MASSACRE AT CHILCOT ISLAND

 

Pacific Island recruiting ship ‘Para’, c 1880 (SLQ)
Thomas Harris, master of the schooner Douglas set sail from Trinity Bay in Queensland for Dunk Island in early January 1877. With ten crew aboard, their ultimate destination was the Coral Sea guano island of Chilcot owned by Beaver & Co, also the owners of the Douglas. The seeds of future trouble were sown the morning after they reached the island:
  two canoes came off, each having a native on board ; they came on board my ship voluntarily’; I gave them tobacco and other things ; I also gave them to understand that they could come with the ship for eighteen months if they liked ; they said “ budgerrie,” and three days after, just when we were getting underway, four natives came off (the two who had previously visited the ship, and two others); three of them were allowed to come on board ; the other one I refused to take with us on account of his treacherous looks…
Harris and the Douglas were engaged in ‘blackbirding’, the then-legal procurement of black labour, including Aborigines, from Pacific islands to work the sugar cane fields of colonial Queensland.  He provided the details to the magisterial inquiry established to get the facts of the ‘massacre’, as the press termed the murders:
there was a license authority sent on board the ship at Melbourne, authorising me to recruit native black labour on certain islands in the South Pacific, or from the main land, for a period of twelve months, to be engaged in beche-de-mer fishing, or procuring guano. Natives so engaged were not to exceed twenty in number …
What happened when they arrived at Chilcot was recounted by Harris in his evidence:
… at night two of the men (Humphrey Coughlan and Alexander M’Intosh) were left to sleep on the island, two of the blacks remaining with them; the men had no arms save half-axes, which they were cautioned to be careful not to leave in the way of the blacks…
They all turned in for the night. Everyone was tired and with the boat a kilometer or more from land Harris did not consider there was any need to set watch. But:
about midnight, while the mate and I were asleep on the “lockers,” we were awoke by a cry of “Save me, they are murdering me.” I said to the mate, “For God’s sake, get up.” He rushed out and I followed. The mate went by the port side, and when I reached the deck I met one of the hands (James Purcell), all cut and bleeding. I told him to go down into the cabin. He went down but seemed half stupid. I next saw a black following the mate with a raised axe. I sang out to him and he turned round and struck at my head, severely wounding my hand, raised to guard my head. I immediately closed with him to take the foe, but could not succeed. So I made for the cabin where I found Purcell lying in a pool of blood and moaning very much.  The boy was also there. I tried to load a revolver, but could not on account of the wound on my hand.
By now their assailants were trying to smash in the skylight glass using lumps of coal and oars. Harris managed to load his revolver and got off a few shots. The attackers were now in full possession of the dock, ‘cutting and hacking everything with the axes they had.’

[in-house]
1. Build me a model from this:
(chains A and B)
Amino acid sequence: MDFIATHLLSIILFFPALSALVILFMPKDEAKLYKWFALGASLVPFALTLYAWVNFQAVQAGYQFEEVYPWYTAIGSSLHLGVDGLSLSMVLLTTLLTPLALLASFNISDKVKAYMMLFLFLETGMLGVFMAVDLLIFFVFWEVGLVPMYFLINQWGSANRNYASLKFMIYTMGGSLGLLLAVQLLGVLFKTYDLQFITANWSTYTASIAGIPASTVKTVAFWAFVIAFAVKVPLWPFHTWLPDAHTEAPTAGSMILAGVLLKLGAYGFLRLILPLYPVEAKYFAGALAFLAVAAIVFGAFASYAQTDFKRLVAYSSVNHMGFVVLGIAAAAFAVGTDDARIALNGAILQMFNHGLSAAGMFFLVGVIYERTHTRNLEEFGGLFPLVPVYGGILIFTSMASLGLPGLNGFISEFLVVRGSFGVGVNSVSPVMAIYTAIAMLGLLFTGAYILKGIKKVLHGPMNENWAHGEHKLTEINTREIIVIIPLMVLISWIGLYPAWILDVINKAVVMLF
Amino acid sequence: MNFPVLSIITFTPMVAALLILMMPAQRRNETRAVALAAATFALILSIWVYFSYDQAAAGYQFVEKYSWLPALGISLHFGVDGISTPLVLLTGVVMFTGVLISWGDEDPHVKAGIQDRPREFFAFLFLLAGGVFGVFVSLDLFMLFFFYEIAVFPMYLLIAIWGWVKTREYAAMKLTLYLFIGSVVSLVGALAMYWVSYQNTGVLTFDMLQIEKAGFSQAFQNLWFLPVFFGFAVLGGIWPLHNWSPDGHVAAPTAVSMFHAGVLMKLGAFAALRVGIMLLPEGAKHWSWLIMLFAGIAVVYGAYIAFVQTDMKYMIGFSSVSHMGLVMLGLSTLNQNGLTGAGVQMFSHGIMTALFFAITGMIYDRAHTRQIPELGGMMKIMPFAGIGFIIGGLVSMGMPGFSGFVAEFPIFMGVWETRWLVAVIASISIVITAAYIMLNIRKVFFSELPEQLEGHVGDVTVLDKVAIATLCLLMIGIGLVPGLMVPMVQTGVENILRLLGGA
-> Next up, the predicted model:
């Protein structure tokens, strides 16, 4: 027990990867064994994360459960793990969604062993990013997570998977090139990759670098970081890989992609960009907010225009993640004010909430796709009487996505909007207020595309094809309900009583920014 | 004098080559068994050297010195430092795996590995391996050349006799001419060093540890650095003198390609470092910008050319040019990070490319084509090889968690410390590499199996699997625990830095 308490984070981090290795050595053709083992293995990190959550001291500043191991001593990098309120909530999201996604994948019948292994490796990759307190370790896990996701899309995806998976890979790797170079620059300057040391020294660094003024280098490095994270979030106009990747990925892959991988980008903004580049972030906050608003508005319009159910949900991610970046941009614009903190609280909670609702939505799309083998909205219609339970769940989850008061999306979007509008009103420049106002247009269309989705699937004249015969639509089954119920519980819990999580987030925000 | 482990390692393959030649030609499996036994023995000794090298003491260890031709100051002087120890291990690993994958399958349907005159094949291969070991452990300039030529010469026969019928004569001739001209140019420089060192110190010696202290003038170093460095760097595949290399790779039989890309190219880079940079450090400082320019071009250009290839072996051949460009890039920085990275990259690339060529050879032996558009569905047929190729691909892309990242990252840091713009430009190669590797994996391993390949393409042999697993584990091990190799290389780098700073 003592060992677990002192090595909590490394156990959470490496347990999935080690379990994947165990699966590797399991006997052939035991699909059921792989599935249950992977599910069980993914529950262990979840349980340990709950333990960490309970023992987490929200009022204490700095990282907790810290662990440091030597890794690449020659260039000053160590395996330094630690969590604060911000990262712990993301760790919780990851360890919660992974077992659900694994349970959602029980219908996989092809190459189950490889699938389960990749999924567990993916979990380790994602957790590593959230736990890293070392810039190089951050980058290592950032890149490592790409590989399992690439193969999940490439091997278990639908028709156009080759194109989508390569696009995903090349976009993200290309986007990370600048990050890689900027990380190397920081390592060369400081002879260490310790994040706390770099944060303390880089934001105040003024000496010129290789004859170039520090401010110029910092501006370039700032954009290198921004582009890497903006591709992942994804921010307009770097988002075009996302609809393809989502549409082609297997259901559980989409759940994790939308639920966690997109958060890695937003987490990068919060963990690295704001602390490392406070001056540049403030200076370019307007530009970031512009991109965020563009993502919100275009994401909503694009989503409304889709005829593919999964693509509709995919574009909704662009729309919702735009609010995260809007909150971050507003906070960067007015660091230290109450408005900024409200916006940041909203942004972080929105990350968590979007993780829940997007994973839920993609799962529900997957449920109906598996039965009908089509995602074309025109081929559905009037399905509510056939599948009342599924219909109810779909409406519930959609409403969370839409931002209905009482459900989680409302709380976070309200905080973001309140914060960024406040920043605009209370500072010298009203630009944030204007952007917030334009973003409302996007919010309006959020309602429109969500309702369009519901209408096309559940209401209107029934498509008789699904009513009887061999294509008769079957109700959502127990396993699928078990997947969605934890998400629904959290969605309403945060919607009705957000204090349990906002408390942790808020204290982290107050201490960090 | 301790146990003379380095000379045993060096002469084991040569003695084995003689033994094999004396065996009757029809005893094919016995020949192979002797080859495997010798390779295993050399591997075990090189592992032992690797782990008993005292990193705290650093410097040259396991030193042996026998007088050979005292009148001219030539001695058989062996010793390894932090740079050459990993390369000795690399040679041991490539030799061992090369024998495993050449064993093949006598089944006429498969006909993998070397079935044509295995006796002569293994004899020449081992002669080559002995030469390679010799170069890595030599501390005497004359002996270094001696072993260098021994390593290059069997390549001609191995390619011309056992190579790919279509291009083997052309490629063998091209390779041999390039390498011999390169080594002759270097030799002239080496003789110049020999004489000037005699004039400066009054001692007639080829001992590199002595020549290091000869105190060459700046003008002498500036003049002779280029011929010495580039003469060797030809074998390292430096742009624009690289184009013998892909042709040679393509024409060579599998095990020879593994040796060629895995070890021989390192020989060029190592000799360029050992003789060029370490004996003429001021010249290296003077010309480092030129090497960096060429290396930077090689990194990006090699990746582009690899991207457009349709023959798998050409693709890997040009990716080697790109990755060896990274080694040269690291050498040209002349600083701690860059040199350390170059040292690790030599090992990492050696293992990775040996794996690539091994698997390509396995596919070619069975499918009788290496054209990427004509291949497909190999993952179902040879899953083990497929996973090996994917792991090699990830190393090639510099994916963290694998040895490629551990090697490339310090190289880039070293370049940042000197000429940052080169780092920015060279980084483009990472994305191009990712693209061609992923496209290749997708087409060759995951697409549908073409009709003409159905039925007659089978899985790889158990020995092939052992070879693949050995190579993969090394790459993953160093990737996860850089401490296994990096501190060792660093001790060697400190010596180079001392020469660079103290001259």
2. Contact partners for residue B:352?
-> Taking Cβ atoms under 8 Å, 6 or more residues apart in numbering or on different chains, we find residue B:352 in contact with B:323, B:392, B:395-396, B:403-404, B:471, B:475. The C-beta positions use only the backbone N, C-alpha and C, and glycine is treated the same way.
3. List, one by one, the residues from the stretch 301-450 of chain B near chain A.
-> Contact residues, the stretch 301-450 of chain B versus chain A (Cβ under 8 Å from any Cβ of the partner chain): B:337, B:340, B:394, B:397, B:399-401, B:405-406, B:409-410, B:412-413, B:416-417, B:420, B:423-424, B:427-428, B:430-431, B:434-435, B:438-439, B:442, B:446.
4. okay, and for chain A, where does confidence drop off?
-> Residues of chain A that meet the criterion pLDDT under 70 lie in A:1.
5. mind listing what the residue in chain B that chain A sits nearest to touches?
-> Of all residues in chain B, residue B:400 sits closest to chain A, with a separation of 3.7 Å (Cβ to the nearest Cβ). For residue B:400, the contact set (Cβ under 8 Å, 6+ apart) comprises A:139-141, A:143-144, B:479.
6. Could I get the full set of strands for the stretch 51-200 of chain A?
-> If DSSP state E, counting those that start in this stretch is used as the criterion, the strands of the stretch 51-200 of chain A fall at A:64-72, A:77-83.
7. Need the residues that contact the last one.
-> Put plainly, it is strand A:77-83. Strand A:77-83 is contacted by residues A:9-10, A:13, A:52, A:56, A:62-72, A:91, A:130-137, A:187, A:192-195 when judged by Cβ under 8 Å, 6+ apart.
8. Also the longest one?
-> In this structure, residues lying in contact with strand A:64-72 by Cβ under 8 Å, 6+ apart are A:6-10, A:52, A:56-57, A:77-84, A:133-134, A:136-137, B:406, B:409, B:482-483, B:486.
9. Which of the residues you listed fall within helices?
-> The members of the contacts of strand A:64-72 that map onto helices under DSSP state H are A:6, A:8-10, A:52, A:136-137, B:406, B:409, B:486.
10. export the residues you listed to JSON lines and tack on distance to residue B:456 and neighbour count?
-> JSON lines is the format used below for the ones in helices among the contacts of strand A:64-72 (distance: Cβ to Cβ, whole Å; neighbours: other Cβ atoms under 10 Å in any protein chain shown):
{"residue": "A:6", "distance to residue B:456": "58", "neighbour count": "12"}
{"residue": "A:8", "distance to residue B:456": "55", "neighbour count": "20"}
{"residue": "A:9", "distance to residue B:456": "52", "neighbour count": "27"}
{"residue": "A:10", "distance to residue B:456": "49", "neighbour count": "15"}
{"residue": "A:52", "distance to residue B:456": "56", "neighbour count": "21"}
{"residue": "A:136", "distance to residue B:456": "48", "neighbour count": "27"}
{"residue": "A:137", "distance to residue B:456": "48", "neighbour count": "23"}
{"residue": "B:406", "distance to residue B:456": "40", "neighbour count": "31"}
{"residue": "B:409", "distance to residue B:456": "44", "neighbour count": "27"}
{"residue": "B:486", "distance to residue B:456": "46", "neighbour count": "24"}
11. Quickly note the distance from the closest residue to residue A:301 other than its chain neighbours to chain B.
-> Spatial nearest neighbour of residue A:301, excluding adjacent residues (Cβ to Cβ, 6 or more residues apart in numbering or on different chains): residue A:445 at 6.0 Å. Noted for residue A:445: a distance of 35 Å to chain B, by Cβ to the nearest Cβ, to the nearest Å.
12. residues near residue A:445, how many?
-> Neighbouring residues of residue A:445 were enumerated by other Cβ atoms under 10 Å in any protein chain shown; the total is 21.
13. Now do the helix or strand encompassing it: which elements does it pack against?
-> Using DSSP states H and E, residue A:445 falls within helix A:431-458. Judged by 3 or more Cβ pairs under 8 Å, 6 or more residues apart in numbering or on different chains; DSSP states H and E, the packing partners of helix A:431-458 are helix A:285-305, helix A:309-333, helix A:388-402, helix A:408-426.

about fifteen minutes to 5 o’clock a.m. heard a blackfellow’s voice, and immediately afterwards the steward tumbled down into the cabin, wounded. I gave him a revolver, and told him to fire at the black stationed at the skylight. He fired and I believe hit the black, but did not kill him. He ran up on deck and put another shot into him, which killed him.
Harris heard one of the crew forrard cry out: ‘One of the blacks is overboard’. He looked through a porthole and saw a man swimming:
 I told the steward to fire at him, which he did, but cannot say whether the fugitive was hit. I saw him land on a rock, and sent the boy to the maintop to watch his movements. Next saw a sea take him off the rock. Never saw him again, believe he was drowned.
On looking around saw two blacks dead and ordered the bodies to be thrown overboard. Also saw the body of Patrick Troy, greatly mutilated. On mustering crew, found the others badly wounded, the mate and steward only being unhurt. I sent them away in a boat to the island to see how matters stood there. When they returned, they reported that the two men, Humphrey Coughlan and Alexander M’Intosh, had been murdered in the hut. The mate stated that the bodies wore much cut about the head and that decomposition was fast setting in. But before sending the boat away again, I ordered the body of Patrick Troy to be wrapped up in his blankets and taken on shore to be buried with the others. The murders were no doubt perpetrated with the half-axes. Those now produced are the weapons mentioned.[1]
The exact truth behind these grim events will never be known but it seems clear that the Aboriginal men taken aboard at Dunk Island were either tricked or forced into accompanying the crew. This was the era in which the kidnapping of indigenous people for labour was legal. Most were ‘kanakas’ from the South Pacific islands. Known colloquially as ‘sugar slaves’, it is thought that around 60 000 were forced or cajoled to work mainly in the Queensland sugarcane industry where they were often badly treated and poorly paid. The trade began in the 1860s and lasted until 1904 when those who had been indentured and their descendants were deported in accordance with the Commonwealth of Australia’s Immigration Restriction Act (the ‘White Australia Policy’).  But several thousand islanders remained in Australia, forming the basis of a descendant population now numbering 20 000 or more who live mainly in North Queensland.


[1] The Mercury (Hobart), 24 March 1877, 3